The title of this post is the same as the title of emails I’ve received from time to time encouraging me to come see a new independent movie that speaks to the values of pro-lifers.
In a post last month I criticized the artistic merit of the latest of such films, the Erwin Brothers’ October Baby. Steven Greydanus, film critic for the National Catholic Register, found more artistic merit in the film than I did, but was still fairly critical of it. In the comments to his critique, Steven addressed the concerns of one writer who found the film very moving. “Maybe my standards for watching a movie are low,” said this writer, “but I’m not necessarily looking for the best cinematic and scripted movie, but a movie with a story that moves and inspires me.” In reply Steven wrote:
I understand that many people aren’t necessarily looking for the best cinematic or scripted movie, and that’s okay, to a point. At the same time, if you look at Church teaching on film, the Church considers it important to seek out and recognize films for their technical excellence (see Inter Mirifica) and cultural achievement (see Communio et Progressio).
I agree with Steven that all art made by Christians, not just film, has to aim higher than simply pleasing those who already share our views. It has to manifest technical excellence and achieve a high level of cultural attainment.
I bring all this up again in order to underscore the chief concern of this blog: the artistic renewal of the arts among Christians, especially Catholics. Much more attention to craft is necessary if we are ever going to see such a renewal (see my post, “Can This Be the Catholic Moment in the Arts?”). Attention also could be paid to new initiatives in the arts, such as the ones I made in my recent post on Catholic radio (“Catholic Radio: A Plea”).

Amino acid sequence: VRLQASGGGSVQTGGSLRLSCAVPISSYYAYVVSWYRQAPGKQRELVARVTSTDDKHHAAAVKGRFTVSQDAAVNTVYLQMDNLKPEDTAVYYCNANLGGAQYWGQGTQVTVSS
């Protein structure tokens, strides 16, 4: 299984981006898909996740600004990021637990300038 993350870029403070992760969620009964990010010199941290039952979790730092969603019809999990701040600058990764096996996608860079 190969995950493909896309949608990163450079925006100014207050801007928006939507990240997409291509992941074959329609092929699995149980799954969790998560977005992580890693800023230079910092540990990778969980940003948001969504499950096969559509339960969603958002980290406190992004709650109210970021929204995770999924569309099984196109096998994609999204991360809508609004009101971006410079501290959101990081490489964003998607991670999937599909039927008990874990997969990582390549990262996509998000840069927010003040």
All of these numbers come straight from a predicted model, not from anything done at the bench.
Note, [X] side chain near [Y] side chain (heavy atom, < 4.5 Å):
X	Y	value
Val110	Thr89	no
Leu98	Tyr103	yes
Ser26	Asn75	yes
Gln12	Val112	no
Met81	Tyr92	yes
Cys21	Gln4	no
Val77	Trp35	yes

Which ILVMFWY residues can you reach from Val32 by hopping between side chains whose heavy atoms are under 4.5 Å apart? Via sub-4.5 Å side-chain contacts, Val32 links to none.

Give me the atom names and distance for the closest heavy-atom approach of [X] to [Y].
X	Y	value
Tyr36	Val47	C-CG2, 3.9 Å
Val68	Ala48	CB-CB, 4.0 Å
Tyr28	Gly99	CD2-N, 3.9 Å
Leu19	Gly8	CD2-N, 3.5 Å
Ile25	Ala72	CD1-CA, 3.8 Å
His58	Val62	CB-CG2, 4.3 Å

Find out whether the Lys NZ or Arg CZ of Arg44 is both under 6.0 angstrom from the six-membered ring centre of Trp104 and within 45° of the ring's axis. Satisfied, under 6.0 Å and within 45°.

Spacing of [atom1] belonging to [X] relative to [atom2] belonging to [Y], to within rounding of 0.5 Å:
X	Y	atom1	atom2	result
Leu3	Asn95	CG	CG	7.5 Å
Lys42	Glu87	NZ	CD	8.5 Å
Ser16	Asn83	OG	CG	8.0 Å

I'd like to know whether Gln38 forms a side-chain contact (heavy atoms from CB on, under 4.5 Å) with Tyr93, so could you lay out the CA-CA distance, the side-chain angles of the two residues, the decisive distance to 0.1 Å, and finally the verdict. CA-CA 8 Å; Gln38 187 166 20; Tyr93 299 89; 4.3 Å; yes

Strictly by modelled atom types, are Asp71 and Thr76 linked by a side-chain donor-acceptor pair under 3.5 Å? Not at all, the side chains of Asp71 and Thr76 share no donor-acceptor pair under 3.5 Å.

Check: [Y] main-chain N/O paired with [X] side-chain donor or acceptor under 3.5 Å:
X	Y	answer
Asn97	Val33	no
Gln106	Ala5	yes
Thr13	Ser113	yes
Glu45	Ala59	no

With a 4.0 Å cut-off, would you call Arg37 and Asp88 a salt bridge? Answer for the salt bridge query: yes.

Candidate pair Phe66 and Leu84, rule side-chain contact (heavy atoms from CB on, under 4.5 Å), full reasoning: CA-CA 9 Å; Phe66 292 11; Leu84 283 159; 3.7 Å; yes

But as CE editor Harold Fickett pointed out in a comment to my recent and related post on independent book publishing (“Book Publishing 9 and 3/4”), financial support is also needed in order for Catholic artists to successfully pursue their craft.
A woman named Teresa thoughtfully replied to Harold’s comment, urging those who desire to see a renaissance in the Catholic arts to begin, on this Good Friday, to pray for the following intention: that angel investors and benefactors come forward to support Catholic artists and their ideas and initiatives, so that a new springtime in the arts will be realized.
I’m going to take up that suggestion by beginning today a Rosary Novena for the Catholic arts, linking it to the Divine Mercy Novena.
Will you join me?